Saturday, October 31, 2009

Miles and Years...Slowly

So I'm experiencing something interesting that I don't think I've consciously noticed before. It's hard to say it without sounding snobbishly nerdy, so I'll just say it. After reading Dostoevsky's "Brothers Karamazov" and then Caputo's "Weakness of God", reading a Donald Miller book is like eating Peanut Butter and Jelly after eating Steak for a few months.

But it's not. There is quite a bit of substance here, but because my brain can grasp the words he's saying the first time through, the temptation is to read the book. I have to purposefully only let myself read a few chapters a day, and I want to simmer in his thoughts.

If you don't know, the book is about a man who has written a memoir. He was approached about making that memoir into a movie, but the movie-people need to create a more compelling "story" that captures many of the same elements. They want the movie to be not simply a life, but an entertaining movie also. This makes him (obviously) more than a bit introspective about life, spirituality, entertainment, and the intrinsic value of a human daily existence.

I think the temptation for many of us would be "well, not my life. Tell you what, if they made a movie of my life, not much editing/creative license would need to happen. It's dang compelling." Why is that? Our lives are compelling to us, because they are OUR lives, and we're pretty self-concerned people on the whole.

But here I am, a few chapters in, and no one is making or offering to make a movie out of my life. So here I am, reading a book about people making a movie about a book about another man's life. I'm okay with that.

I guess a big part of life is realizing not that our lives are not compelling, but rather gaining an appreciation of why they are Truly compelling...and yet still probably horrible movie fodder.

Friday, October 30, 2009

a peek inside our youth ministry..

So we've settled into a monthly rotation. Not that it's guaranteed to happen every month, and it's probably subject to change without notice, based on events in our community, holidays, needs, etc. But with all those things in mind:

Sunday morning - Sunday School. Pretty obvious stuff here. Looking at scriptures together, usually what the quizzers are studying, to really dive in deep.

Sunday evening - Supper Club. Our experiment in socialism. Everyone brings whatever they can to the table, and everyone eats. Boom. Fellowship and prayer and family.

Wednesday evenings - Each month:

Week One - Gym Night. Some trivia, some sort of mind game or puzzle, followed by either some sort of semi-athletic or goofy game that takes advantage of the gym space we have available.

Week Two - Video Lesson. Using "Bluefish" lately, just finished their series on "God". Nothing is 100%, but when you sift through their stuff, and rewrite it for your group, it can provide pretty solid stuff. Some group discussion and Bible study surrounding the lesson.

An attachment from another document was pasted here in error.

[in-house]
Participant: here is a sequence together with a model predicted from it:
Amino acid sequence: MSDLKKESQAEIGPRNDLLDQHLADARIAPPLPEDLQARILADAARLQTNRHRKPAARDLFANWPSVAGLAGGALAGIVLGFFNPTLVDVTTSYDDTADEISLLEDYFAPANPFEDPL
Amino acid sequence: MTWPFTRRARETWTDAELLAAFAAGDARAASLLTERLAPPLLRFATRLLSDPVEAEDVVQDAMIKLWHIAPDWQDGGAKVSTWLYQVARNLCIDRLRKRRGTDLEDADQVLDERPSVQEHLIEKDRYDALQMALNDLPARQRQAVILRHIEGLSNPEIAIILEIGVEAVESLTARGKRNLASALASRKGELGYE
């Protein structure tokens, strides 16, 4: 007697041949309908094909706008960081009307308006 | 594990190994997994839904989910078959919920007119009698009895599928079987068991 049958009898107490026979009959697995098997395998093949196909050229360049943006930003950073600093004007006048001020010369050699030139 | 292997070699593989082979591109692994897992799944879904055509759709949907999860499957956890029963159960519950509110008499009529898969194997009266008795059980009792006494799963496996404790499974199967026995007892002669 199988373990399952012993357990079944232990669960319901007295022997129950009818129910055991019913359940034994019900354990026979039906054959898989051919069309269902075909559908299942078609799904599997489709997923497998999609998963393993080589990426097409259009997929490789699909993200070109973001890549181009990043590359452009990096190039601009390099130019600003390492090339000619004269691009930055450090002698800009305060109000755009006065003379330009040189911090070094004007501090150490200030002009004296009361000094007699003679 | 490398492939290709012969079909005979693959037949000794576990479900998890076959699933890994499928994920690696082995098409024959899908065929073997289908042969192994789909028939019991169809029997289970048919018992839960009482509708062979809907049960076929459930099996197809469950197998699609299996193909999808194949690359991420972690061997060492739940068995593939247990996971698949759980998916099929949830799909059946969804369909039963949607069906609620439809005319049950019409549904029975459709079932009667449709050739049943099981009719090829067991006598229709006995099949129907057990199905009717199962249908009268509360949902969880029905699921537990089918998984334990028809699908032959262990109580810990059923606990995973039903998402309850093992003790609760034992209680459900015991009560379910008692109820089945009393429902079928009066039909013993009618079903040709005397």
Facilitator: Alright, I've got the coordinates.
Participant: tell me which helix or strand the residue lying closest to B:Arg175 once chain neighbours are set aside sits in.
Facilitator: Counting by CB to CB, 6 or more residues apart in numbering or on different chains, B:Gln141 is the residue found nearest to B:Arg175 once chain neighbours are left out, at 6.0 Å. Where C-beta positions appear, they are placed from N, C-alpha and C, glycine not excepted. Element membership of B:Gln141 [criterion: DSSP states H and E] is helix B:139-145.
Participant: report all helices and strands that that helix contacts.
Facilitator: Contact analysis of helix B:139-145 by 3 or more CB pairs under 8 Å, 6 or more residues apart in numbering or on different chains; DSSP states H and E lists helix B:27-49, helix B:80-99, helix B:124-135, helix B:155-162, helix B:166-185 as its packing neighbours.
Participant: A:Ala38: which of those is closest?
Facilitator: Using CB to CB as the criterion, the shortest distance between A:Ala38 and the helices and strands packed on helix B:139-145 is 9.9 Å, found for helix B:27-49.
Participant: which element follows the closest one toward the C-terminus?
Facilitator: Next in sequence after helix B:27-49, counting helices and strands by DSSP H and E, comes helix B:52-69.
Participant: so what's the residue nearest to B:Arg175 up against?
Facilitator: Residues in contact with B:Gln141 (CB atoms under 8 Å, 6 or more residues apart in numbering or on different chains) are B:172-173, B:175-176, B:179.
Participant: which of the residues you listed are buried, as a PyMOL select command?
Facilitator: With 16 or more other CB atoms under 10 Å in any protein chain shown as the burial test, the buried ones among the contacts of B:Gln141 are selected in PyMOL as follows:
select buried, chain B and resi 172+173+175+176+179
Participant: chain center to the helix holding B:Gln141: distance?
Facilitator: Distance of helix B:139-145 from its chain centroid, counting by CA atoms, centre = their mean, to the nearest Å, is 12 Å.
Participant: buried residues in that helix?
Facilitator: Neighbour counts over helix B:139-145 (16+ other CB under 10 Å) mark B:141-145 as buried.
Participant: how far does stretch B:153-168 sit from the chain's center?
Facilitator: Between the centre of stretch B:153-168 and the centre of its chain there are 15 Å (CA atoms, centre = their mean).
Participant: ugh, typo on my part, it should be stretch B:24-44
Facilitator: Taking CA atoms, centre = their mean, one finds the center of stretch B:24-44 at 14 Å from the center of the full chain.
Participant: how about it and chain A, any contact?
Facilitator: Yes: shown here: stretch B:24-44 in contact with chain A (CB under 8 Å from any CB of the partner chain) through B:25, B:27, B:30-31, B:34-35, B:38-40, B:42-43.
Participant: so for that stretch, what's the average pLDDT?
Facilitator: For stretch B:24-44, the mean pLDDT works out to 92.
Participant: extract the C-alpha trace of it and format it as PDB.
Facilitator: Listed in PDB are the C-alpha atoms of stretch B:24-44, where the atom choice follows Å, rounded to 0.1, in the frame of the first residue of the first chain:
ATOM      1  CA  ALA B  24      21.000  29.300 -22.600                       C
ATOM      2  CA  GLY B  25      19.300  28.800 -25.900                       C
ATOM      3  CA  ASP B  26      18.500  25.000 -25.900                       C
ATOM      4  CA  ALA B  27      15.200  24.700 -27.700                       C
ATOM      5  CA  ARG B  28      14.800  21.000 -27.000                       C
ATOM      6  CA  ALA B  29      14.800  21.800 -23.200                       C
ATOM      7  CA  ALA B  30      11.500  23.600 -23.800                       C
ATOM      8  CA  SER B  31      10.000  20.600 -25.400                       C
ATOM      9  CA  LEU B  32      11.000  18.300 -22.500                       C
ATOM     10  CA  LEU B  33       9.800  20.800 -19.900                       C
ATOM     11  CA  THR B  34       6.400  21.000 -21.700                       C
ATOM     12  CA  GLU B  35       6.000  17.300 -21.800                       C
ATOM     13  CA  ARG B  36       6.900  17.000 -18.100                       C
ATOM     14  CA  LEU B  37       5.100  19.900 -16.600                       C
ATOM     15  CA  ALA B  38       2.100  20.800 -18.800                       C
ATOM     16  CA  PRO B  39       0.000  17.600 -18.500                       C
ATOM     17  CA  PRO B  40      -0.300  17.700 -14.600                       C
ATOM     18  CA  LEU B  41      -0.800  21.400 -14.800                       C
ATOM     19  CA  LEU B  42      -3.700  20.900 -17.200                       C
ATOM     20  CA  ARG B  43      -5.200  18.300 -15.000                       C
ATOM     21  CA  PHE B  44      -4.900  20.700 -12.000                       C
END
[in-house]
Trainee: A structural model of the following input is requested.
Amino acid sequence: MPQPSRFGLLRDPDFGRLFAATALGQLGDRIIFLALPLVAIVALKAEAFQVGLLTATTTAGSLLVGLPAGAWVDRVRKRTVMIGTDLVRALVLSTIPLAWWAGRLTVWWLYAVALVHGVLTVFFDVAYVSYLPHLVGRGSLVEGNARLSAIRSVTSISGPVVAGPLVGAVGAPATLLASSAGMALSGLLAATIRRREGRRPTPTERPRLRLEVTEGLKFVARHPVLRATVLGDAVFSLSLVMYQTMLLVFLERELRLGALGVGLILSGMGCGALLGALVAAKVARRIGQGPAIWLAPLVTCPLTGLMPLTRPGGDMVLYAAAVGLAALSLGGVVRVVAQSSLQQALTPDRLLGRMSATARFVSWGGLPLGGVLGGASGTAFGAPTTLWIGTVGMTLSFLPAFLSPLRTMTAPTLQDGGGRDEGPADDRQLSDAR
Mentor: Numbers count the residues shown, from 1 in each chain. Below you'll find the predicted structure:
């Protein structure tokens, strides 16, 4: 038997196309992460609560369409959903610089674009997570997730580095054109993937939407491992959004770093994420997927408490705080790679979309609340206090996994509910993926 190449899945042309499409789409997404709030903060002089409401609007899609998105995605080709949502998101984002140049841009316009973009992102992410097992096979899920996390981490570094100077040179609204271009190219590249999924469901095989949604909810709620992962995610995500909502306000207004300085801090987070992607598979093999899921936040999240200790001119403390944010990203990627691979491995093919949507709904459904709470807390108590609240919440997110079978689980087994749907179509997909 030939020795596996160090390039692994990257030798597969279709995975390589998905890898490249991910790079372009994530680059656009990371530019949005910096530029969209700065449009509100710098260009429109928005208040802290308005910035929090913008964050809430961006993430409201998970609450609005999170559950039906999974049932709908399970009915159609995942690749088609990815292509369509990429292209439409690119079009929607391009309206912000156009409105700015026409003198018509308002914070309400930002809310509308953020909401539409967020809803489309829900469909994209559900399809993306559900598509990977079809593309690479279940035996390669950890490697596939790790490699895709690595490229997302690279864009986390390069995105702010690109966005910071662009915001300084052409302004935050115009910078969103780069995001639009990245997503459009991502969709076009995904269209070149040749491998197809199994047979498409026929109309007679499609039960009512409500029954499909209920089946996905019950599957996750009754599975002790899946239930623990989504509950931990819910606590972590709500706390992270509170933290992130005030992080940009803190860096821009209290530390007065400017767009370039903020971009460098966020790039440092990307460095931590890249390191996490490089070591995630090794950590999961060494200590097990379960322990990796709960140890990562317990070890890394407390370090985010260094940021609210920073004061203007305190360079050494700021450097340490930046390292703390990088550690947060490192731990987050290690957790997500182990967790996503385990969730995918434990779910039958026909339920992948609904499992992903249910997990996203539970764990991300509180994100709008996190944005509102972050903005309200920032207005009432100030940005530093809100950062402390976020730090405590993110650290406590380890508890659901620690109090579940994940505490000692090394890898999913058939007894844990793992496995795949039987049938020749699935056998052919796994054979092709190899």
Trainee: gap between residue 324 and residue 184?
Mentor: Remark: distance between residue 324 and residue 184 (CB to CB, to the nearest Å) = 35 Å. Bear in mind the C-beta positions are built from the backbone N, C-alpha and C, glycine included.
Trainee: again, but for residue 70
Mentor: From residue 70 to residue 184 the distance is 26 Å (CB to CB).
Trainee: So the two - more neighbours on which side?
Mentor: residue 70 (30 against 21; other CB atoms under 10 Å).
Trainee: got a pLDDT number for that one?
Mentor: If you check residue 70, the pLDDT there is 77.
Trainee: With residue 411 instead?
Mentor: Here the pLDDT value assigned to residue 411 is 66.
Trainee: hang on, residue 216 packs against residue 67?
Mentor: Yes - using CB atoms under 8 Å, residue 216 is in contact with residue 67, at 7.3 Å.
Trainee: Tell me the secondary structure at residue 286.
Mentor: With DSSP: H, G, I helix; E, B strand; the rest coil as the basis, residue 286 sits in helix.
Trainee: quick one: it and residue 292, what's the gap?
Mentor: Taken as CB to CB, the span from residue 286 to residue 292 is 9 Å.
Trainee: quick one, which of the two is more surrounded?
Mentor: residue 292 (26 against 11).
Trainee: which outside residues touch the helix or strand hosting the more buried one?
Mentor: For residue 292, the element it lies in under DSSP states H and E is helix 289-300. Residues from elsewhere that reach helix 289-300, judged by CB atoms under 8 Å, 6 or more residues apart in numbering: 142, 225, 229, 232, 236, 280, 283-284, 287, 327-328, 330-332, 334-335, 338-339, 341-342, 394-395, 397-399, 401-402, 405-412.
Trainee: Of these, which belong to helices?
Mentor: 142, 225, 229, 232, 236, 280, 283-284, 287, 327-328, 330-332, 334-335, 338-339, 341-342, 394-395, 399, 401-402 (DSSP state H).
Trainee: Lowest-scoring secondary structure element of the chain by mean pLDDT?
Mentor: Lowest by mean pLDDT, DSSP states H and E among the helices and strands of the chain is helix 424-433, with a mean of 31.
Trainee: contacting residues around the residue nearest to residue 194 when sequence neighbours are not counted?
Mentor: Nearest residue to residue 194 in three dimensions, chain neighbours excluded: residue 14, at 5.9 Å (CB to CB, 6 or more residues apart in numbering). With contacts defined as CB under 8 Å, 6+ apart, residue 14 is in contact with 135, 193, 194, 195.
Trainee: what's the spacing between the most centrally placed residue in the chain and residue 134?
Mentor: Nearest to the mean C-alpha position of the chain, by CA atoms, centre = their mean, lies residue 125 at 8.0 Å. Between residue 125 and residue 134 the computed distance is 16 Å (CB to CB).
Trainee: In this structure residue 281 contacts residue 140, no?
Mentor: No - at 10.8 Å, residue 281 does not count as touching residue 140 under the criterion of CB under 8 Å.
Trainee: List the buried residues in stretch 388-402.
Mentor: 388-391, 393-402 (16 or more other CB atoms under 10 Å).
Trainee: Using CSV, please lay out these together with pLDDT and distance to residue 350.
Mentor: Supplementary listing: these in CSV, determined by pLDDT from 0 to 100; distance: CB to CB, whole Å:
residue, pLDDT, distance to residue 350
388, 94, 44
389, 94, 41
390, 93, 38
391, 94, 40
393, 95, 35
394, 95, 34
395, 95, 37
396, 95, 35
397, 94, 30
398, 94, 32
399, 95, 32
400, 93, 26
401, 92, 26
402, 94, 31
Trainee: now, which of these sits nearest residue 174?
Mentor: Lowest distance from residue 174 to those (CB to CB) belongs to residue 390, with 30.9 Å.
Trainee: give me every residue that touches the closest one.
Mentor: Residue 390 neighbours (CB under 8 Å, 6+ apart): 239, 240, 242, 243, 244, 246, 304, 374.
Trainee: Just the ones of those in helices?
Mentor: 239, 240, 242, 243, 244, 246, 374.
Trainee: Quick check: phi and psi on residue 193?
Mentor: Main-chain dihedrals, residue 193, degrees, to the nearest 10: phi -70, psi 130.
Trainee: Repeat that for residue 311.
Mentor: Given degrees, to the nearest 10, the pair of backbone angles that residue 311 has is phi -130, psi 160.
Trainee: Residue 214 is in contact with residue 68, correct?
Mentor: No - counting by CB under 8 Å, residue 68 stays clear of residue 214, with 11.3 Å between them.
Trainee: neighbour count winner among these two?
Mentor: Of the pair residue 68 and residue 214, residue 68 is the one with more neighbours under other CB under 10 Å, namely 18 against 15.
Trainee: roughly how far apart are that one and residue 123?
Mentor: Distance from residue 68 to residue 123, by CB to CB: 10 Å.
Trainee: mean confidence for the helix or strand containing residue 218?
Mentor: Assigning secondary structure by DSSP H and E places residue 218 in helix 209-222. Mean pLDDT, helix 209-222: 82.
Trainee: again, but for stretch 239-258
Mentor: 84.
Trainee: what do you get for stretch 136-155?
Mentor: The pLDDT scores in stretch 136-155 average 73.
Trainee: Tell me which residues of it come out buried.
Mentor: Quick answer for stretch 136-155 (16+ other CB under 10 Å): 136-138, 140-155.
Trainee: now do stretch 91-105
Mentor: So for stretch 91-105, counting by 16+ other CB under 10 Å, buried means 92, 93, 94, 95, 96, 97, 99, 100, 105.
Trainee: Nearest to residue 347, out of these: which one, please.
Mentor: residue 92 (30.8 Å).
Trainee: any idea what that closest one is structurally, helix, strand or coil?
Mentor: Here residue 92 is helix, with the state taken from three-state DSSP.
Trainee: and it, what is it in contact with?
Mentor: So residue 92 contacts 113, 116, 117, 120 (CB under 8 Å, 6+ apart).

Week Three - Small Groups. Generally keeping the focus from the previous week, but getting deeper in discussion and in God's word. Allows for more intimate sharing with prayer requests, etc.

Week Four - Experiments in Prayer. Silence. Intensely focused discussion. Guided prayer. Space. Communion. Experiences that bring prayer and God's presence beyond the prayers we throw out before and after meals and special occasions. Allowing God's Spirit to have it's way in time and space we set aside in new ways each month.

Week Five - Well, there aren't many of these. So we'll see where God takes us. :)

Add on all the random events, and relationships that make a community of youth people within a larger community seeking God together...and you've got yourself a youth ministry. :)

Thursday, October 29, 2009

Five Iron Frenzy - the DVD?

Growing up, there were a few bands that would get me literally "giddy" with excitement. Their energy, and ability to create an experience that was much more than a concert or an album was uncanny. They possessed raw talent, and entertained well beyond the usual one genre most were getting in their day. Christian, secular, ska, rock, swing, jazz, punk, opera.....hehe...these guys were incredible.

And then they were no longer.

Sure, Roper (who didn't sign autographs, but totally gave me a piece of gum at a show, that I kept on my shelf throughout high school) went on to do multiple projects, and is still kickin' it from what I hear. But FIF was no more. All has been silent.

Until now.


Yup, be very....very...excited. And tell your pets it'll all be okay.

Wednesday, October 28, 2009

the Bible: God-Breathed and Messily Human

Relevant Magazine had a pretty decent article online recently, about how we approach the parts of the Bible that don't seem to match up. Normally, when you hear this issue discussed, it's either an Atheist throwing everything out the window, or a very conservative believer defending against such heresy.

We cannot deny that there are portions and verses in scripture that don't seem to make sense, in the light of history or in the light of each other. So how do we respond? Is all scripture God-breathed (yes), or is all scripture assembled/remembered/written by humans (yes)? Can we trust the word of God as a resource for Truth, even if we can't always trust it as a source of truth?

Or should we just assume it all makes sense to God, and the reason some things seem to not make sense is some larger message that will all fit together when God finishes all that He is working towards? After all, who are we humans to try and understand all of the divine this Book contains?